Photo: Patricia Espinosa, Executive Secretary, United Nations Framework Convention on Climate Change

The head of the United Nations body charged with addressing global warming wants to work with the Trump administration to bring the U.S. back into the Paris Agreement on climate change, she told TIME last week at an energy conference in Houston.
Patricia Espinosa, executive secretary of the United Nations Framework Convention on Climate Change (UNFCCC), said that she remains “hopeful” that Trump’s decision to leave the Paris Agreement can be reversed before it becomes official in 2020. By Justin Worland, TIME

For full reading, please refer to: http://sci.fo/4ov

02 April 2018

China’s Bold Energy Vision

WSA Cape Town
Thandi Mgwebi, Max Bergman, Sonia and Jeffrey Sachs joint recipients of the first World
Sustainability Award
, and Franck Vazquez at the ceremony during WSF2017 in Cape Town,
South Africa. Photo: Matthias Burkhalter

China’s proposed Global Energy Interconnection – based on renewables, ultra-high-voltage transmission, and an AI-powered smart grid – represents the boldest global initiative by any government to achieve the goals of the Paris climate agreement. It is a strategy fit for the scale of the most important challenge the world faces today. By Jeffrey D. Sachs

For full reading, please refer to: http://sci.fo/4o7
Chinese Version: 中国大胆的能源愿景

29 March 2018

"Every country must put the welfare of the whole Earth above all else"

Joseph Deiss
Photo: Joseph Deiss. © WTI

Whether the environment, business and trade, migration, or institutional development: the international community faces immense challenges. Now, 15 years after it officially joined the UN, Switzerland, too, must re-examine its global role: Does it wish to act as a bridge builder for a better world? How does it help enable real solutions? At the 1st Swiss-UN Day on March 23, 2018, representatives from science, policy, international organizations, and civil society met at the University of Bern to discuss the way forward. By Gaby Allheilig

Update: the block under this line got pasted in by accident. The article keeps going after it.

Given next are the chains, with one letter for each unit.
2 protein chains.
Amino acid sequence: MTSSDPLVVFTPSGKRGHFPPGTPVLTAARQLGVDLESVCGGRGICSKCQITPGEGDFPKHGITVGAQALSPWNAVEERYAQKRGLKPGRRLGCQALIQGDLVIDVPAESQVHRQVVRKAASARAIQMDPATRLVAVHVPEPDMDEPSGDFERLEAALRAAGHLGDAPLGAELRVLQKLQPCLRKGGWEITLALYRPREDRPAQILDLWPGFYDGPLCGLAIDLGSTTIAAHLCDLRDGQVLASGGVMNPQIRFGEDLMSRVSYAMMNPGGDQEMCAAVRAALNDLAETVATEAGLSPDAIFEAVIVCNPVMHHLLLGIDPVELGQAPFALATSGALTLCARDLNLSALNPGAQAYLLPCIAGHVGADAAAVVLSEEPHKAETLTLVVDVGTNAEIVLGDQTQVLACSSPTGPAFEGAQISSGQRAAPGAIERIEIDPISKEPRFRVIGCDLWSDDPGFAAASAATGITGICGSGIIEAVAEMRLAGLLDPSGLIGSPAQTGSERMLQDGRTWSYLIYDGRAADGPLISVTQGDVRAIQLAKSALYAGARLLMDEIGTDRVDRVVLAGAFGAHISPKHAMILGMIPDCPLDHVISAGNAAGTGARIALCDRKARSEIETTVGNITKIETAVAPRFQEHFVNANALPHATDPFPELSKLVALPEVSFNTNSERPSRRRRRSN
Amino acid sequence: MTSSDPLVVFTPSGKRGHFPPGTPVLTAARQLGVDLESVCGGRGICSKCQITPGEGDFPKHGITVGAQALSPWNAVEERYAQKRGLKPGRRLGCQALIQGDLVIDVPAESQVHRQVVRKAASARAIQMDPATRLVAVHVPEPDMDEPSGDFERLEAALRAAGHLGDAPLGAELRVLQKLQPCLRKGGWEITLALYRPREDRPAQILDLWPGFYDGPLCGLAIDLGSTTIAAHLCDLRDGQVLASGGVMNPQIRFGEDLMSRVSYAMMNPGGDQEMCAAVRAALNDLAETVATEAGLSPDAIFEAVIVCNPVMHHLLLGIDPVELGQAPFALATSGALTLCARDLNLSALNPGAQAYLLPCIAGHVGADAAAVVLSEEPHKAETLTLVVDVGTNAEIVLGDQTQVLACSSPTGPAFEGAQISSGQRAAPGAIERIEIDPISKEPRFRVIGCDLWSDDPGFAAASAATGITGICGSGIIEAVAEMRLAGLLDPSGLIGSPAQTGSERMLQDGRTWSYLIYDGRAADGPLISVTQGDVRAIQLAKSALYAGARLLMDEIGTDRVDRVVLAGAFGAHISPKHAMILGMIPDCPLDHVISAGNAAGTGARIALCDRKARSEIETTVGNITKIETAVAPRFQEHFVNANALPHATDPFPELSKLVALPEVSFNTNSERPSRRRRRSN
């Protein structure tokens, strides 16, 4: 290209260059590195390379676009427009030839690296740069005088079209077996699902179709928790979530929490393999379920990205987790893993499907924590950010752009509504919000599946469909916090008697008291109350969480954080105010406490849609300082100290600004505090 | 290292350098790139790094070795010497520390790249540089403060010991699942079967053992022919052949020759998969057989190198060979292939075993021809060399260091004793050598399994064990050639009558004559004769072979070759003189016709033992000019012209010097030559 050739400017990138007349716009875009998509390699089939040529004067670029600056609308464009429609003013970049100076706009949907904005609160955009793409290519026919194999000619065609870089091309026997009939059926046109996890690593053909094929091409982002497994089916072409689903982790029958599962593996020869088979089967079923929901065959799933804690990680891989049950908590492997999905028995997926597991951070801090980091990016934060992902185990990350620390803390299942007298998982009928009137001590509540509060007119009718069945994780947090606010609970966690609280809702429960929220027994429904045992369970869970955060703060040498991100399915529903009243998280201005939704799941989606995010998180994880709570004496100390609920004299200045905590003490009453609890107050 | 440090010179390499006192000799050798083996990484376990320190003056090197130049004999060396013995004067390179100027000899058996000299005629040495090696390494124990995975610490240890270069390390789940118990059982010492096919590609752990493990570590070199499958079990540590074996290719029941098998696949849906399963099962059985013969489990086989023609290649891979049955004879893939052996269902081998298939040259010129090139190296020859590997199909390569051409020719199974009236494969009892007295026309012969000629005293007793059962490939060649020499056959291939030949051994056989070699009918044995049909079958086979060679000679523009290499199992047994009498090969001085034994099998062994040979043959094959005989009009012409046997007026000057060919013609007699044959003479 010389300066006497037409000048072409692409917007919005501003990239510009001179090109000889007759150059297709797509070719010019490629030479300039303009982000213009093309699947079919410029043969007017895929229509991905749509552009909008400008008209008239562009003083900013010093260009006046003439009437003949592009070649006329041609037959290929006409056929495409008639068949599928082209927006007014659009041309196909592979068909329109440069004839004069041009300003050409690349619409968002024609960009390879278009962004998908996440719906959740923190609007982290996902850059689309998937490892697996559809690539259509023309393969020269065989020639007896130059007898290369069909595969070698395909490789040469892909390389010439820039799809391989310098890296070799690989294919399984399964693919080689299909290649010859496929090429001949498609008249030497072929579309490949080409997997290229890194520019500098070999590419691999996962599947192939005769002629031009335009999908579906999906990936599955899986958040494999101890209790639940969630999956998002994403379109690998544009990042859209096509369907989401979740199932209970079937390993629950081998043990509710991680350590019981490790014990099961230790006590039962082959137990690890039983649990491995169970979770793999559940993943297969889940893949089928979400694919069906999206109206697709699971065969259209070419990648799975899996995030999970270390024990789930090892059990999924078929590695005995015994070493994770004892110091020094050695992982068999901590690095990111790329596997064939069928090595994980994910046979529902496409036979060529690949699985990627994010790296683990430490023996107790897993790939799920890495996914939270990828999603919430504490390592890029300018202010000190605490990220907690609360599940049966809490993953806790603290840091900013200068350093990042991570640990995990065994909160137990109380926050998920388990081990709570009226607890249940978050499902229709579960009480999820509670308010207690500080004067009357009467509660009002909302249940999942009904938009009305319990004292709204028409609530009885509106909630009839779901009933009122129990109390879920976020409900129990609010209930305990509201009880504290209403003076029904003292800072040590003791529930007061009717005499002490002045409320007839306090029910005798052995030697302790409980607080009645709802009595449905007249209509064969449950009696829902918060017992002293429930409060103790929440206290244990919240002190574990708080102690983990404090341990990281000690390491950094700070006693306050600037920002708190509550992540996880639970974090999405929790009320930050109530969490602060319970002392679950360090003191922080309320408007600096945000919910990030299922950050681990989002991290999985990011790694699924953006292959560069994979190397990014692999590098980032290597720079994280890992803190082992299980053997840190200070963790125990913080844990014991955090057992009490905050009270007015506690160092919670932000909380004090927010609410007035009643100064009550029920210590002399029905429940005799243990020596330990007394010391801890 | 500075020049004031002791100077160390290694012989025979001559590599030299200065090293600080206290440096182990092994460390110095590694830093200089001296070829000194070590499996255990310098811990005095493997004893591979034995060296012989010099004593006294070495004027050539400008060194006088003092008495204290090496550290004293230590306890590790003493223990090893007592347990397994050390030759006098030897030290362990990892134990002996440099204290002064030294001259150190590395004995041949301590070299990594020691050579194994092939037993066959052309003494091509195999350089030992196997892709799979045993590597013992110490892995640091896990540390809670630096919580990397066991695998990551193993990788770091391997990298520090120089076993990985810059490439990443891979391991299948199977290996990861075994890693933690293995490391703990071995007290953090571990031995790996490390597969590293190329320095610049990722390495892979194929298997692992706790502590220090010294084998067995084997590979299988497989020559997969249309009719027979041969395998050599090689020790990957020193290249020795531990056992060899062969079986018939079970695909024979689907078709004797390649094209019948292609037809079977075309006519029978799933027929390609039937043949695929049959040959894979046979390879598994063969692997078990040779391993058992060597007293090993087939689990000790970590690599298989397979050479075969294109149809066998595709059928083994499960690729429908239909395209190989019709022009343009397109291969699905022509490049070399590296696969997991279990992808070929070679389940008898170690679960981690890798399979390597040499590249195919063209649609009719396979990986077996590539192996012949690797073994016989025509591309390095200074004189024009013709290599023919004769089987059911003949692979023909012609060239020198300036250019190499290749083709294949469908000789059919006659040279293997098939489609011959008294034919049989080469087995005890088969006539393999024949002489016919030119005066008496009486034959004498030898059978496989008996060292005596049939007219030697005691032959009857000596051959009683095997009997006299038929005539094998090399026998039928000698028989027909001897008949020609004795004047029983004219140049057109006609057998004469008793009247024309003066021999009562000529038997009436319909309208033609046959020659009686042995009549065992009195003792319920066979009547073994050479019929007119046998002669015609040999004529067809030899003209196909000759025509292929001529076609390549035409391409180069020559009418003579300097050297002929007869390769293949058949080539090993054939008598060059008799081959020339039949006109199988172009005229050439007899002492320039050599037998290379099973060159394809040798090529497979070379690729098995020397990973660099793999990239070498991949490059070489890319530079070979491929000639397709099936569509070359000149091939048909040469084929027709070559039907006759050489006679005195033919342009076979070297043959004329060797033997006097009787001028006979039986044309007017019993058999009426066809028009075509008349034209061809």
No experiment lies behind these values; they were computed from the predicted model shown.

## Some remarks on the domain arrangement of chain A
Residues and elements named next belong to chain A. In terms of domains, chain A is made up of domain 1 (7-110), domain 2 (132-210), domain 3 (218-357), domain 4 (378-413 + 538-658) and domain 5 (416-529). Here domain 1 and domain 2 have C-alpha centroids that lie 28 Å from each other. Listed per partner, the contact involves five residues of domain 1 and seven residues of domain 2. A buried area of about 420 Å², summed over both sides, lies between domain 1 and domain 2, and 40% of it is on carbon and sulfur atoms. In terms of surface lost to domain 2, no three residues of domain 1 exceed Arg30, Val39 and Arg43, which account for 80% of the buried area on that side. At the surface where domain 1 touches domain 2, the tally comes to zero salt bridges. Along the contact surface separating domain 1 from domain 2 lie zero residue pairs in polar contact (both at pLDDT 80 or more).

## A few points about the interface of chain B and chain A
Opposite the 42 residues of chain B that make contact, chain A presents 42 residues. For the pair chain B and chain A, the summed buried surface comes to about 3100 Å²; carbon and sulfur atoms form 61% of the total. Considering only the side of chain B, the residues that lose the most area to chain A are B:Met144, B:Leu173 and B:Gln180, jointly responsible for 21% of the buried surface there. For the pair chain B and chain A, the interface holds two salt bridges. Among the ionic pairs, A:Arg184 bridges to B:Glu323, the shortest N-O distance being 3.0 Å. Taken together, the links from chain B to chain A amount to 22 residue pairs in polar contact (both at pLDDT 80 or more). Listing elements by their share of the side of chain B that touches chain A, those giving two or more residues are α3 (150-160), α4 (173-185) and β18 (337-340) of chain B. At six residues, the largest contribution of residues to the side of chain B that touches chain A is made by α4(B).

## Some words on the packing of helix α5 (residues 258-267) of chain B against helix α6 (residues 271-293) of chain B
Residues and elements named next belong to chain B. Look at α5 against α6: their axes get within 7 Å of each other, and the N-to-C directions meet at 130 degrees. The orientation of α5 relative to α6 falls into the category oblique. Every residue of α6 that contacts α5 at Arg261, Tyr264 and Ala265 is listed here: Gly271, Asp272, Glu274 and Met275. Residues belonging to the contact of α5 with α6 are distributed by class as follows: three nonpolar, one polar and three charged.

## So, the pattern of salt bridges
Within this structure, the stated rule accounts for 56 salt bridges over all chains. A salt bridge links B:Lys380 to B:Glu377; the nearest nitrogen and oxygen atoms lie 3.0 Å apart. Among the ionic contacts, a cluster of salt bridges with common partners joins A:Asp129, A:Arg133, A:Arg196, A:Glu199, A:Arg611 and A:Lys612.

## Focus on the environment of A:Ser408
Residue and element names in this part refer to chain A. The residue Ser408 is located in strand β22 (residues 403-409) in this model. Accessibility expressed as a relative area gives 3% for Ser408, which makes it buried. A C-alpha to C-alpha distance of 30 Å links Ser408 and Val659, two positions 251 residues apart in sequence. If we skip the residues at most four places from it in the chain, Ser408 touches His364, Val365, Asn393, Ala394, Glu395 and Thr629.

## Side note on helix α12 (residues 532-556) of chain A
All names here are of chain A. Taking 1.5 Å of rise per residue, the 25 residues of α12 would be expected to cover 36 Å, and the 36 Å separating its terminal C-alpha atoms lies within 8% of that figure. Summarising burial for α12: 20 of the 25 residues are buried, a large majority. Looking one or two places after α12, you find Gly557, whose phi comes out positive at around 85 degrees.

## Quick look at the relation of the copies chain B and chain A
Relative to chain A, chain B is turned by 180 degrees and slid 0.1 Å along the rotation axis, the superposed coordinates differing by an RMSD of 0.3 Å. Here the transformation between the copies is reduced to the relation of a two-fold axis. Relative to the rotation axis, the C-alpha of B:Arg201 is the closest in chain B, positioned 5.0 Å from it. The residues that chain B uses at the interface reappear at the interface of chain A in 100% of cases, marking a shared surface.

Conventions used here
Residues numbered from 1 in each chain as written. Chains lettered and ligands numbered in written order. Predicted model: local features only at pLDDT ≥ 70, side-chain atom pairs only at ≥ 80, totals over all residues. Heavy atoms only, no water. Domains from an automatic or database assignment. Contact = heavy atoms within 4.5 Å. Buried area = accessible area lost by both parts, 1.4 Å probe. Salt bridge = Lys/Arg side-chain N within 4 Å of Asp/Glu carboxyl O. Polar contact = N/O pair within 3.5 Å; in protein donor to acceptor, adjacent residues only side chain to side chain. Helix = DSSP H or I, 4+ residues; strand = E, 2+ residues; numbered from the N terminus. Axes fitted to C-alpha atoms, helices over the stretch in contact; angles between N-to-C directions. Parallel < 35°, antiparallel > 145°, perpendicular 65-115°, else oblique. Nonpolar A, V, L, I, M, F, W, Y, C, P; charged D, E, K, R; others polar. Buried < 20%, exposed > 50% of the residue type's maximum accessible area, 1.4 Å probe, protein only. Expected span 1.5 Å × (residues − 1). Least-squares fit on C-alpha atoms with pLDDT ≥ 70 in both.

For full reading, please refer to: http://sci.fo/4o1

07 March 2018

University of Basel tests camera for Mars rover

Nikolaus_Kuhn
From Witterswil to Mars: Professor Nikolaus Kuhn tests the operation of a specially
developed camera with a model of the ExoMars Rover. (Image: University of Basel, Florian Moritz)

In 2020, the European Space Agency (ESA) is sending a rover into space to examine the surface of Mars for signs of life. Its on-board equipment includes a high-resolution camera developed in Switzerland, and researchers from the University of Basel are currently testing the camera’s operation in an artificial Martian landscape.

For full reading, please refer to: http://sci.fo/4n7

01 September 2017

Climate scientist Thomas Stocker awarded the Marcel Benoist Swiss Science Prize


Professor Thomas Stocker and Federal Councillor Johann N. Schneider-Ammann.

Thomas Stocker, a professor at the University of Bern, has been awarded this year’s Marcel Benoist Swiss Science Prize. By means of climate modelling and ice core analysis, Prof Stocker has been able to demonstrate the reality of climate change and its resulting consequences. In keeping with the objects of the Foundation, his research findings are of great importance to human life, and address one of the main challenges facing today’s society. Federal Councillor Johann N. Schneider-Ammann, President of the Marcel Benoist Foundation, met Professor Thomas Stocker in Bern today, and congratulated him on this important award. The award ceremony will be held in Bern on 1 November.

For full reading, please refer to: http://sci.fo/4n8

Conference Poster

Restaurants for Lunch

10 minutes by tram 8 direction 'Neuweilerstrasse' - 'Tram Stop: Markthalle'

Alte Markthalle, Steinentorberg 10, 4051 Basel


Photo: Alte Markthalle

10 or less minutes walk from the 'Alte Universität' Basel

KLARA, Clarastrasse 13, 4058 Basel


Photo: Nicolas Gysin

Manor Basel, Greifengasse 22, 4058 Basel



or one of the 'Buvettes' alongside the 'Kleinbasler Rheinufer'



More restaurants can be found here: http://sci.fo/4s4

Top